Welcome to Luca!globe
CPA Journal Current Issue!    Navigation Tips!
Main Menu
CPA Journal
Professional Libary
Professional Forums
Member Services


While CPAs wait for the controversial new rule on accounting for derivatives, which was delayed by the Financial Accounting Standards Board and will be issued in March, a new survey shows that most companies do not use derivatives.

An overwhelming majority of companies report they still resist using derivatives because they view them as too risky, not in line with corporate objectives, or because the company lacks the necessary expertise, according to a survey by the Controllers Council of the Institute of Management Accountants.

Among the very small number employing derivatives--nine percent--the majority report limited use with only "average" results. Most use derivatives as a hedge against exchange rate risk, and surprisingly, only half have established a clear derivative risk management policy.

The survey also found that the majority of executives would not use derivatives for their own investments either.

Detailed Findings

Nine percent of the companies surveyed use financial derivatives, and of those, the majority--71%--says their use is limited while 29% report moderate use. Eighty-eight percent do not use derivatives, while three percent say they are considering using them.

The most frequent reason given for derivative use is to hedge exchange rate risk (57%), followed by hedging interest rate risk (33%); minimizing business risk (19%); hedging risk of raw materials cost (14%); and managing cash flow volatility (five percent).

Among the 88% not using derivatives, most (52%) said their use is inconsistent with objectives. Others pointed to staff's lack of technical expertise (28%); too much risk (20%); burdensome reporting requirements (seven percent); or inadequate internal controls (five percent). Surprisingly, 19% reported there are "no obstacles" to their use of derivatives; they simply don't use them.

Results from Derivative Use

Among the nine percent using derivatives, companies rated their derivatives program in four areas:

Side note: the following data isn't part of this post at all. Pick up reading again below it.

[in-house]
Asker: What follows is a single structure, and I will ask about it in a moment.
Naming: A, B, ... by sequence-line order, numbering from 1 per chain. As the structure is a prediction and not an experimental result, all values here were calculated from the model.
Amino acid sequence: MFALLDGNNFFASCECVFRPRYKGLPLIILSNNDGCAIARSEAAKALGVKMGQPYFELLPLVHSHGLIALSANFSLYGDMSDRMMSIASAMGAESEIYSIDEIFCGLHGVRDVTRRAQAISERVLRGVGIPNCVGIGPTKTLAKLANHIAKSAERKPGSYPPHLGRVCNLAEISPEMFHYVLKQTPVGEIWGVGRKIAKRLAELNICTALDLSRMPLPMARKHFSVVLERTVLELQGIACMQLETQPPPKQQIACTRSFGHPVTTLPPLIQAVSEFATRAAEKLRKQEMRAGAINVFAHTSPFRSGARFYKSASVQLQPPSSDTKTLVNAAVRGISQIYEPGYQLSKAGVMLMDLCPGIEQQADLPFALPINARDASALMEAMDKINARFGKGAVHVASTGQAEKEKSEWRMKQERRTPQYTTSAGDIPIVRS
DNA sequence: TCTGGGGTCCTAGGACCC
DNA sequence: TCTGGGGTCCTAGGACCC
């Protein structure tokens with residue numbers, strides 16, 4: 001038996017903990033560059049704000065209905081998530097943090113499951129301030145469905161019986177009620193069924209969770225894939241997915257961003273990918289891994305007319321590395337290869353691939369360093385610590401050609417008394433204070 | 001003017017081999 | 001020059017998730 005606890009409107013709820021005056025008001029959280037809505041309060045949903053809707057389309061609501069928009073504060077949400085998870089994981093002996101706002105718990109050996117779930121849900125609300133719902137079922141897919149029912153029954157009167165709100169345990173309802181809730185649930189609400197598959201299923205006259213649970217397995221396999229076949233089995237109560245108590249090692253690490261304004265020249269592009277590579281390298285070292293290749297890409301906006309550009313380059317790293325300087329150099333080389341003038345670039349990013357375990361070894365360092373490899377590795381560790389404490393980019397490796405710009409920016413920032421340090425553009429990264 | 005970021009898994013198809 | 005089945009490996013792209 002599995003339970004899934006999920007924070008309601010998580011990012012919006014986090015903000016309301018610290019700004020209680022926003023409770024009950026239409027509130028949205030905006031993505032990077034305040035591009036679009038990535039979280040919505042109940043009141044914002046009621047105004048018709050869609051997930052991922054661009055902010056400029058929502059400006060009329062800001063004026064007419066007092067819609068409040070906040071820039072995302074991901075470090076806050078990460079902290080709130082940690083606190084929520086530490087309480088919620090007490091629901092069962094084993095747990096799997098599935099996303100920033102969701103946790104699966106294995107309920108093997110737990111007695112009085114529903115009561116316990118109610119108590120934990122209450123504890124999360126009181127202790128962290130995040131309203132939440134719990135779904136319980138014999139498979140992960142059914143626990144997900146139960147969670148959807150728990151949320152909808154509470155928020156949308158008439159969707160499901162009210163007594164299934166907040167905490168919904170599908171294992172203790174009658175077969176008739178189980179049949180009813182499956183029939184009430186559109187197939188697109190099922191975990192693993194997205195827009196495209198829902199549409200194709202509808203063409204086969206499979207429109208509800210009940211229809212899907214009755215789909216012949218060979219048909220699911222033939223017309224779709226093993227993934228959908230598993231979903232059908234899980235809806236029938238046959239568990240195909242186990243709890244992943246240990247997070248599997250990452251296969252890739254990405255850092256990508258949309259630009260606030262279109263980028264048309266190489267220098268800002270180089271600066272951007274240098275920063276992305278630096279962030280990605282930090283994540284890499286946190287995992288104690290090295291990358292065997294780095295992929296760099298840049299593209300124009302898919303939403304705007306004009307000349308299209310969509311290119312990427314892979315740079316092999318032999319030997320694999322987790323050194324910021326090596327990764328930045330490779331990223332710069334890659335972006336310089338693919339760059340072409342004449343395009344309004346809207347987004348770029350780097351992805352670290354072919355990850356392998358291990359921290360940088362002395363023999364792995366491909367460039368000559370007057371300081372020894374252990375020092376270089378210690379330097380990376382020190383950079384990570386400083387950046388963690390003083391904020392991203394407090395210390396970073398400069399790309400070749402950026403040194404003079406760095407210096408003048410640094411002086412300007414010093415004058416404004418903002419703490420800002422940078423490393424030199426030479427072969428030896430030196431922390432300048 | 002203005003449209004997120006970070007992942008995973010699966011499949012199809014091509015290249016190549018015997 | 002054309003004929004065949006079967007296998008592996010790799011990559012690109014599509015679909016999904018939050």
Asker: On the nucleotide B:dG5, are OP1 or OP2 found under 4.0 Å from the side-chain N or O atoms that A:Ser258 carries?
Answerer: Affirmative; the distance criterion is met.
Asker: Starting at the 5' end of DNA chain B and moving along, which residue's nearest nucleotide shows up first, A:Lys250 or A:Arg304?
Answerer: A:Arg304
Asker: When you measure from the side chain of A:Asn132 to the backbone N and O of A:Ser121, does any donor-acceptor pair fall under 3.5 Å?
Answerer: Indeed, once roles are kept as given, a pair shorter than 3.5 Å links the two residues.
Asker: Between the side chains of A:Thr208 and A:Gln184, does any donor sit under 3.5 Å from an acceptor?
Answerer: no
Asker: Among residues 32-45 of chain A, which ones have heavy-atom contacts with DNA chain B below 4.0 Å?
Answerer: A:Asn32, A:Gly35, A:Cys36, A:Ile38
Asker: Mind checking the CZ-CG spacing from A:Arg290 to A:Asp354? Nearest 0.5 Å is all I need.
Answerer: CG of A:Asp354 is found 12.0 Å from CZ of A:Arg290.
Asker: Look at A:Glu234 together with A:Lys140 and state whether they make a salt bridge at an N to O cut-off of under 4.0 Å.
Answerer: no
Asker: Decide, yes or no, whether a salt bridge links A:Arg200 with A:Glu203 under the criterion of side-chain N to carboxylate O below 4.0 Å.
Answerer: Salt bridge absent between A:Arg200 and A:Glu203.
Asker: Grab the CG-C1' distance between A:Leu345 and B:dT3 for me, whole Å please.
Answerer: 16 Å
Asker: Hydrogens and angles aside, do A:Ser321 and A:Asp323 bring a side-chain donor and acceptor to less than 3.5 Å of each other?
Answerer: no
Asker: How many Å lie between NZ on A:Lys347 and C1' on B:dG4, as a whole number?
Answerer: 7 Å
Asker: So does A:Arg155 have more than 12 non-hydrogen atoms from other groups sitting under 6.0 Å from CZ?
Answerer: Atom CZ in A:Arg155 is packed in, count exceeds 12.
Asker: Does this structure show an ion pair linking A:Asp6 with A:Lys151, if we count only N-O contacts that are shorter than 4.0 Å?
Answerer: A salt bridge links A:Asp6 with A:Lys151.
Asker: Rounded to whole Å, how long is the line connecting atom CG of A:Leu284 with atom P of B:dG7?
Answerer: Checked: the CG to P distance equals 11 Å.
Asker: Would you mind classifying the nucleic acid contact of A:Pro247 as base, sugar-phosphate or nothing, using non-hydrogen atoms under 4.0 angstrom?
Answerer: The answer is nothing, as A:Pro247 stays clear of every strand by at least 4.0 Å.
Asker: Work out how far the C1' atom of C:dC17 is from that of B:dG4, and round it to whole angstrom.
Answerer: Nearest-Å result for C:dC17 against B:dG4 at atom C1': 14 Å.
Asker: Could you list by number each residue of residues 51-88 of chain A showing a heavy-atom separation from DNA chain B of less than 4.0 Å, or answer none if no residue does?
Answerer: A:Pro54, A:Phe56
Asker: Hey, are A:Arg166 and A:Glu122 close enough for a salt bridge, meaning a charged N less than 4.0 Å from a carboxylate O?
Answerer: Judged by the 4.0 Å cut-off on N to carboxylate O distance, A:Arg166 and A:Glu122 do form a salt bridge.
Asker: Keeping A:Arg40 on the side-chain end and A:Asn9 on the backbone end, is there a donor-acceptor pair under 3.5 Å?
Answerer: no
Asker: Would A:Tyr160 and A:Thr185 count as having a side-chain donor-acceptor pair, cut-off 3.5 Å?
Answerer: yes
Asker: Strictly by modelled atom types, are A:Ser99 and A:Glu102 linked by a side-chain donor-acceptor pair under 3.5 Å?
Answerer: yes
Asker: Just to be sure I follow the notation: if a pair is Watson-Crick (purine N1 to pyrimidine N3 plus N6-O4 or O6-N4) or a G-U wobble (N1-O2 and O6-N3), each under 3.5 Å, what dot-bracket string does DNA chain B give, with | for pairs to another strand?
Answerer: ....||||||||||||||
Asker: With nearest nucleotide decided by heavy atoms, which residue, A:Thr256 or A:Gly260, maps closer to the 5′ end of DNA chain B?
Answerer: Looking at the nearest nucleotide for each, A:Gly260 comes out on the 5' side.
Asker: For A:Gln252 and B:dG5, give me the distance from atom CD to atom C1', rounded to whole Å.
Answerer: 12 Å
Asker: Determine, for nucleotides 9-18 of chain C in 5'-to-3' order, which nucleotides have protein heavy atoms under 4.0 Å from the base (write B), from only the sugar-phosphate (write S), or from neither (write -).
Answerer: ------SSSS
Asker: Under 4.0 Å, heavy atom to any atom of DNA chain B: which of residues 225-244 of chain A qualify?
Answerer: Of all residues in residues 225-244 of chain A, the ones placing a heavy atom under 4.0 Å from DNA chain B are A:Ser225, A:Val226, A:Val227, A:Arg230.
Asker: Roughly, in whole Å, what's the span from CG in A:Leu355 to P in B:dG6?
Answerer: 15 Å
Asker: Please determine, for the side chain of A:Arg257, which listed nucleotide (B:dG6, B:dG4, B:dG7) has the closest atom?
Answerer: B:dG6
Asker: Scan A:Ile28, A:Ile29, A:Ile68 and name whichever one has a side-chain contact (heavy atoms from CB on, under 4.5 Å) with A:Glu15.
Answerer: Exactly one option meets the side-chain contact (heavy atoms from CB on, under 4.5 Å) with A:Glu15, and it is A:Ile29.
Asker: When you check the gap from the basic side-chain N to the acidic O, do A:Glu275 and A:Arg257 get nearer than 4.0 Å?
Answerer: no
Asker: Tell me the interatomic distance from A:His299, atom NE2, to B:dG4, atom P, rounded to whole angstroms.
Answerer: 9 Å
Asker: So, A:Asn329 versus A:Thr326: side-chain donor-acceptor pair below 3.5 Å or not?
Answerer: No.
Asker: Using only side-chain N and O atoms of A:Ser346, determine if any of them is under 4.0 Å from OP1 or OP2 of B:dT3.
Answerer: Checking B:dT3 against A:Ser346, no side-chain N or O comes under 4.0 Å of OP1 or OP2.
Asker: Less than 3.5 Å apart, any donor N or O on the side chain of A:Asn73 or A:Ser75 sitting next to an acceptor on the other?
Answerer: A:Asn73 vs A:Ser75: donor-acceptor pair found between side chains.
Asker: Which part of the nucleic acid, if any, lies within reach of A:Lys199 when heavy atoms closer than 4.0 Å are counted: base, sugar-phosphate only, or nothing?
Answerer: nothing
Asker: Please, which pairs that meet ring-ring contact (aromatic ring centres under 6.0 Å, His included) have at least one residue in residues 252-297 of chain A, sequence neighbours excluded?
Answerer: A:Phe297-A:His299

* For cash flow growth, 21% said it was excellent and 79% said average.

* For risk management, 32% said excellent; 63% said average; and five percent said poor.

* Internal control objectives were rated as excellent by 40%; average by 55%; and poor by five percent.

Regarding staff expertise, 79% said staff has significant training; five percent said they do not; and 16% said they are not sure.

A majority of the companies surveyed (44%) have annual sales ranging from $11 to $100 million annually, 17% have sales between $1 and $10 million, 21% have sales between $101 and $500 million, seven percent are between $501 million to $1 billion, six percent range from $1 to $5 billion, one percent are between $5 and $10 billion, and one percent have more than $10 billion in annual sales. Three percent have sales under $1 million.

The Controllers Council of the Institute of Management Accountants is made up of approximately 2,000 senior financial managers for companies ranging in size from one million dollars to $10 billion in annual sales or revenue.

To obtain a free copy of Controllers Update with a detailed analysis of the "Survey on Financial Derivatives," call the IMA at (888) 800-3959. *

The CPA Journal is broadly recognized as an outstanding, technical-refereed publication aimed at public practitioners, management, educators, and other accounting professionals. It is edited by CPAs for CPAs. Our goal is to provide CPAs and other accounting professionals with the information and news to enable them to be successful accountants, managers, and executives in today's practice environments.

©2009 The New York State Society of CPAs. Legal Notices

Visit the new cpajournal.com.